Mr Begg said that if the taxpayer was taking responsibility for the cost of the €300 million in loans for the ten members of the so-called “golden circle” who were involved in investing in Anglo Irish Bank that the people were entitled to know their identities at the very least.
Mr Begg also said that sooner or later — and he believed sooner — that the whole of the Irish banking system would have to be nationalised.
“There is no other route to ensuring that we have an effective banking system in place and we cannot put off that decision indefinitely,” he said.
Mr Begg also said that history had shown that massive adjustment to economic conditions could only be achieved if there was social adjustment at the same time to ameliorate the effects on the population.
“If you do not do that you will not be able to retain in this country any sense of social cohesion and the alternative is a social disintegration and retreat into protectionism, out of which we can only see great damage to our future and to our country,” he said.
In a statement issued this morning, the Government said there was a considerable amount in Ictu’s Plan for National Recovery that was “entirely consistent” with its own agenda.
“In particular, it reflects the Government’s view that an integrated national response to the current crisis is not only desirable but essential if there is to be a sufficient impetus and coherence of approach to meet the scale of the challenge,” the statement said.
“The Government recognise that the measures which it is taking are difficult and, in some cases, painful. The Government is also convinced, however, that they are both necessary and fair,” it continued.
The statement described the pension levy as “reasonable” and said it reflected “the reality that we are not in a position to continue to meet the public service pay bill in the circumstances of declining revenue”.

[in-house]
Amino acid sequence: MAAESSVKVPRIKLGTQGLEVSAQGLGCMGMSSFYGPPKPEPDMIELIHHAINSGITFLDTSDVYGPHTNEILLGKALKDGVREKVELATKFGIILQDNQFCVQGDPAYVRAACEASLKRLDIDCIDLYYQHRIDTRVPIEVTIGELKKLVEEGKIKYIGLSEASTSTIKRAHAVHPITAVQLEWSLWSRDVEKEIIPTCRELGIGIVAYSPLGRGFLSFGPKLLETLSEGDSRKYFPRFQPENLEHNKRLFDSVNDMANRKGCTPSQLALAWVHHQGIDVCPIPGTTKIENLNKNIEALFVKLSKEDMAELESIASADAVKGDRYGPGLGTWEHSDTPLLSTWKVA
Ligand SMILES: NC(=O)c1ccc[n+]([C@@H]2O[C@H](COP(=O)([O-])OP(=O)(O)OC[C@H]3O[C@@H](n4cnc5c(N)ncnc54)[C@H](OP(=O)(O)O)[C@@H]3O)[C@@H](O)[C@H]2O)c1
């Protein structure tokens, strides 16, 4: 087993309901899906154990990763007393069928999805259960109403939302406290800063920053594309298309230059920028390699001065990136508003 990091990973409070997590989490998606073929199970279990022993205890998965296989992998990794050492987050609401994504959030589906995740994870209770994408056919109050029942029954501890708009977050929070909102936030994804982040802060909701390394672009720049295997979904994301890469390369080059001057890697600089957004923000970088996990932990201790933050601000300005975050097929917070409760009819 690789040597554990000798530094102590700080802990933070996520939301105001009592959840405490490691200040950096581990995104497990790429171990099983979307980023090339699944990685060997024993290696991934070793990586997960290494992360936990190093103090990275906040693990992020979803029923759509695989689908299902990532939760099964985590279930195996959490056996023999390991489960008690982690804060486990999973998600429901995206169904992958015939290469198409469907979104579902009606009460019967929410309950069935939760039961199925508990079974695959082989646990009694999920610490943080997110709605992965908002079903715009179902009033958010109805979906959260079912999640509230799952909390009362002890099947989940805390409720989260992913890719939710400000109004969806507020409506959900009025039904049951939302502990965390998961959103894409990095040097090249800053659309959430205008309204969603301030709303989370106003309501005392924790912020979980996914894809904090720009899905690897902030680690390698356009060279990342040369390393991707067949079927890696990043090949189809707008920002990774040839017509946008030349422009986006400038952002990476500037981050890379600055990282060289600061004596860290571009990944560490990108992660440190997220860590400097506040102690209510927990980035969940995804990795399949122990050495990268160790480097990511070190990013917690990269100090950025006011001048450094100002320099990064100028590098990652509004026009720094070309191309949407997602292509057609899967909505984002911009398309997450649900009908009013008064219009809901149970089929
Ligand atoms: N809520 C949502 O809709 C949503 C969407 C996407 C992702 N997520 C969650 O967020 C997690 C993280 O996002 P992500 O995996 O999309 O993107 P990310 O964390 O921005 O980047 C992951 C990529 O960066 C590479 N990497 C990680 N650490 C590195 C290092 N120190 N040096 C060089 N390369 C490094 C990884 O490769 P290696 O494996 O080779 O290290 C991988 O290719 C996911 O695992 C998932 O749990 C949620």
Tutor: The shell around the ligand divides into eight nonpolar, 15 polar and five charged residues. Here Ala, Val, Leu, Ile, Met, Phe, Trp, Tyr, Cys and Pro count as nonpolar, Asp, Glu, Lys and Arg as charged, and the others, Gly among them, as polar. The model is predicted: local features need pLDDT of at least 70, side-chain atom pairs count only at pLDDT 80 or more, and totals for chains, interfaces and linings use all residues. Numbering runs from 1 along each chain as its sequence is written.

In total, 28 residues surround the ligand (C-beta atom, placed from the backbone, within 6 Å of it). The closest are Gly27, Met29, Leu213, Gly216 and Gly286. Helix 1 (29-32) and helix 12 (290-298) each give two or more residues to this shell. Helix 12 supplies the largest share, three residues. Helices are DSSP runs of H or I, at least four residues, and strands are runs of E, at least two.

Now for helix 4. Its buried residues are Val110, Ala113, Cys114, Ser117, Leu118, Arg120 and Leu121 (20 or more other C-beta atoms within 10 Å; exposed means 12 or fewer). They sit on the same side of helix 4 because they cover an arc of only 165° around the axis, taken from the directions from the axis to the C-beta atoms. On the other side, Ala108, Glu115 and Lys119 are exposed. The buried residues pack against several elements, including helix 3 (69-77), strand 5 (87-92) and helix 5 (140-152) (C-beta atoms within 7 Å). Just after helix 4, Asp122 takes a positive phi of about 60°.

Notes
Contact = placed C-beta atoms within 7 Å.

Despite the bracing nature of this wave of popular revulsion, I feel compelled to point out that nationalizing Ireland’s banking system is not an effective solution. It would buy the country an express ticket back to the Third World stagnation it was mired in not so many years ago.
The reason this news story caught my eye is that it fits into El Inglés’ general schema of a “discontinuity” in the political economies of the Western democracies. After discussing the concept for a while, he and I came to the conclusion that the proximate cause of the discontinuity will most likely not be political, but economic, and that the systemic failure of the welfare state — as evidenced by its inability to meet its unemployment and pension obligations — would rouse the lumpenbourgeoisie of Europe from their torpor and launch a period of sustained social unrest.
The malaise in Ireland may be the first faint breeze portending the coming hurricane. The same process is underway simultaneously in California: in order to close a yawning budget deficit, Governor Schwarzenegger is terminating public spending and increasing taxes — and in the teeth of a recession, I might add, which is certain to send the state spiraling downwards into deeper fiscal ruin.
The elite leaders of our Western countries — who can’t remember a time when their citizens weren’t inattentive, passive, compliant, and somnolent — are facing a nasty surprise. Sudden poverty and deprivation tend to concentrate the mind, and not in a direction which bodes well for the ruling class.
Just ask Marie Antoinette.